The flow of a gas-liquid multiphase system may cause erosion if velocities are high. This article presents an empirical relationship for estimating whether erosion will occur in a system at a certain velocity.
This article provides the formulae for the calculation of speed of sound in fluids and fluid filled circular pipes. The speed of sounds is important in piping systems for the calculation of choked flow for gases and pressure transient analysis of liquid filled systems.
Birmingham Wire Gauge (BWG), also known as Stubs Iron Wire Gauge is a system of measurements describing thickness. BWG has been historically used to describe the outside diameter of small tubes and wires, as well as the wall thickness of some large tubes (such as those used within a shell and tube heat exchanger). This article presents length conversions for BWG values into metric and imperial units.
Nominal Pipe Size (NPS) is a defined set of standard pipe sizes commonly used for process piping. NPS piping is defined in terms of a nominal diameter and wall thickness (defined by the pipe schedule). This article provides characteristics for NPS piping in metric units.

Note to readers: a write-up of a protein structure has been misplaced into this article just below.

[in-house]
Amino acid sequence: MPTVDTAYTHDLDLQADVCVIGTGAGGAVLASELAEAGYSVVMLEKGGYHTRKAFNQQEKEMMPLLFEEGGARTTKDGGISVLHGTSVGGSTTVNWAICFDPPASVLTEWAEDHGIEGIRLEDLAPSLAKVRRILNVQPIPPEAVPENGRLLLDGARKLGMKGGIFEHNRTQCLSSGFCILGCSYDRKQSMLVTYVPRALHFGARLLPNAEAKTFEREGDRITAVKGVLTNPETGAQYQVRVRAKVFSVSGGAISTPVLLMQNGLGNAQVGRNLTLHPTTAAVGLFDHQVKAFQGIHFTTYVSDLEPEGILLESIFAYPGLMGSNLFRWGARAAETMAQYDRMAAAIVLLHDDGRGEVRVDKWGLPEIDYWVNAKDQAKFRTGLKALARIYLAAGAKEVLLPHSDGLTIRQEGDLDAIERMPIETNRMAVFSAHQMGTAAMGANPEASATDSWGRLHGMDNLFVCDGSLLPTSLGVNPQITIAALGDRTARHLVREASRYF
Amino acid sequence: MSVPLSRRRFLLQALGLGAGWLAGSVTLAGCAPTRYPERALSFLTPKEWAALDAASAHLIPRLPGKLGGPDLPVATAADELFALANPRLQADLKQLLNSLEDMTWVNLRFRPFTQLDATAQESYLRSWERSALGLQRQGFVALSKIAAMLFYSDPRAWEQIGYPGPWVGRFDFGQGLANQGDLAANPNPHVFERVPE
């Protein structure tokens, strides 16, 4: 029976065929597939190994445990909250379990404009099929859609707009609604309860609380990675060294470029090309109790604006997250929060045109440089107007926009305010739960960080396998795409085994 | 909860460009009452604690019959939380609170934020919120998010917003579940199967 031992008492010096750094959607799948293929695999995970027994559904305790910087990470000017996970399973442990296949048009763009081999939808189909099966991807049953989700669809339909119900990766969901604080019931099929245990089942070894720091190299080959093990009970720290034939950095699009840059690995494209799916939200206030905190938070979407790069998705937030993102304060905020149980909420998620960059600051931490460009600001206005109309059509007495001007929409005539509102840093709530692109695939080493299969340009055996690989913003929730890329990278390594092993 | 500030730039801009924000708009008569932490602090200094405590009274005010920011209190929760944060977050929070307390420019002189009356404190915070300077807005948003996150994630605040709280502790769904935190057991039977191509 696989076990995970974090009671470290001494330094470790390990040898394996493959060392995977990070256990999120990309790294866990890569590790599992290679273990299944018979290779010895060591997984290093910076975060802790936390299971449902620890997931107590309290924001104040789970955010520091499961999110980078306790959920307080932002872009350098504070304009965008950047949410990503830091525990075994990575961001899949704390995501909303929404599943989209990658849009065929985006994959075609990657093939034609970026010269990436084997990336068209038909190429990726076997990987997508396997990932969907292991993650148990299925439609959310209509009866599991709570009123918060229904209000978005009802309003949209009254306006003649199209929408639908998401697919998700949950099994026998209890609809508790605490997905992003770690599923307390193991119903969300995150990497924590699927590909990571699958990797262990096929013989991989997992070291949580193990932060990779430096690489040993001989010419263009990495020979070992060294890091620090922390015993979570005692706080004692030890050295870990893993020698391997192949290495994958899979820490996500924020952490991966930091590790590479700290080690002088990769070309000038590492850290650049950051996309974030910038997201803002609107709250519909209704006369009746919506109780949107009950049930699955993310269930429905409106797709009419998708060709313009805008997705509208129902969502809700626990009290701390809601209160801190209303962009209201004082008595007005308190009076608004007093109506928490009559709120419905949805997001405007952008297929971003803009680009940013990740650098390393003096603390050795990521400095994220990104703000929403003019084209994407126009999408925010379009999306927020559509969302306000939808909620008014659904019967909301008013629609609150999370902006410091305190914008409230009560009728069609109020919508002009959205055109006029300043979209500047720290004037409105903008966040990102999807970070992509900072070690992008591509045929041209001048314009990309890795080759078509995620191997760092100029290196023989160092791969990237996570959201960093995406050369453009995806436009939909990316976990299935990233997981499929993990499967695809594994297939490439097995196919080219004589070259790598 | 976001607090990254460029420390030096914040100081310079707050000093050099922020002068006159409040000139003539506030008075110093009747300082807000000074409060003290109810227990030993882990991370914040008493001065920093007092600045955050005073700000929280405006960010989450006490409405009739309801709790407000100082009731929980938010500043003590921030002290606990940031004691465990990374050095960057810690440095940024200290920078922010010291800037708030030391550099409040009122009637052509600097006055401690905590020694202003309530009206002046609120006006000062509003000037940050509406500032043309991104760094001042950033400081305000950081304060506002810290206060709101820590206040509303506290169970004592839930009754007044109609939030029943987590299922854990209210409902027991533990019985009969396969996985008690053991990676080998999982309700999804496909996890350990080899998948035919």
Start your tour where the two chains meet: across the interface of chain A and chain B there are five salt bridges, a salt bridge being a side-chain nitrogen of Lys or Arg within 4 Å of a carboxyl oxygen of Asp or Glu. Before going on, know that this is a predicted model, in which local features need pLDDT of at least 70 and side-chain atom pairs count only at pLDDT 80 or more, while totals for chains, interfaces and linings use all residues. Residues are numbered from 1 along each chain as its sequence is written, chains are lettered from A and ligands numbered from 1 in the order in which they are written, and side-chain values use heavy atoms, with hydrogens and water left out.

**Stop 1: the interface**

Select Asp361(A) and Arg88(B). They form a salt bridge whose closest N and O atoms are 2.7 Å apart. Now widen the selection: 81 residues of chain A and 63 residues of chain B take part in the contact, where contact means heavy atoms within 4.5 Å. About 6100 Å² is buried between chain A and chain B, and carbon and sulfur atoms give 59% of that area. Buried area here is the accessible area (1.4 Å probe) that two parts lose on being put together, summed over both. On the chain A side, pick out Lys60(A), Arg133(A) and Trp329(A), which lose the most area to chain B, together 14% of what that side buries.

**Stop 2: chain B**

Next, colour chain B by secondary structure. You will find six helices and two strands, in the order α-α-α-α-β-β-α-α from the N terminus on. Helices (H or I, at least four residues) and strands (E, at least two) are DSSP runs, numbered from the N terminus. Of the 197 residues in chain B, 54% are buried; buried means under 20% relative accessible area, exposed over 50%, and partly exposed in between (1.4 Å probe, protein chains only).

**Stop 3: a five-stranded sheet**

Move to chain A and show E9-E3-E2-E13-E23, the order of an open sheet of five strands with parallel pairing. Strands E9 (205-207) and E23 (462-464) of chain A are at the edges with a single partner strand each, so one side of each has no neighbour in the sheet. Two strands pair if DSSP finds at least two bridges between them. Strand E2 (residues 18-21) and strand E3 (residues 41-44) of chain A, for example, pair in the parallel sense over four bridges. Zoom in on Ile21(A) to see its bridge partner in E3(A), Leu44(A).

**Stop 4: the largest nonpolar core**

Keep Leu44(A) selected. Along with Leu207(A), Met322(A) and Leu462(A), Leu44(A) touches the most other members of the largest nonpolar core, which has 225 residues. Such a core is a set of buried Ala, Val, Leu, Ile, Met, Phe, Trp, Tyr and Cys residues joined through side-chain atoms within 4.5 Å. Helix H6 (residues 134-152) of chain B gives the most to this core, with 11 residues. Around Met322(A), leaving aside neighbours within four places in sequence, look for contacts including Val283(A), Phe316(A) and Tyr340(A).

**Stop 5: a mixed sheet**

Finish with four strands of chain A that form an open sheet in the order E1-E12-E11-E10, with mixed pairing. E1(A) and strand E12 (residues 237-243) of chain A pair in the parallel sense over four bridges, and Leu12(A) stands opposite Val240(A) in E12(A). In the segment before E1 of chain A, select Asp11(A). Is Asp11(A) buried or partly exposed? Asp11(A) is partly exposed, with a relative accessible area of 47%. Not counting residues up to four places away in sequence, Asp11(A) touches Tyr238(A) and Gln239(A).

Nominal Pipe Size (NPS) is a defined set of standard pipe sizes commonly used for process piping. NPS piping is defined in terms of a nominal diameter and wall thickness (defined by the pipe schedule). This article provides characteristics for NPS piping in Imperial units.
There are several common ways to express the losses caused by pipe fittings and equipment. Depending on the calculation programs or methods available and engineer may require to convert between one form or another. This article details the equations required to convert between the resistance coefficient and flow coefficient methods (K, Cv and Kv).
Absolute roughness is a measure of the surface roughness of a material which a fluid may flow over. Absolute roughness is important when calculating pressure drop particularly in the turbulent flow regime. This article provides some typical absolute roughness values for common conduit materials.
To determine the pressure loss or flow rate through pipe knowledge of the friction between the fluid and the pipe is required. This article describes how to incorporate friction into pressure loss or fluid flow calculations. It also outlines several methods for determining the Darcy friction factor for rough and smooth pipes in both the turbulent and laminar flow regime. Finally this article discusses which correlation for pressure loss in pipe is the most appropriate.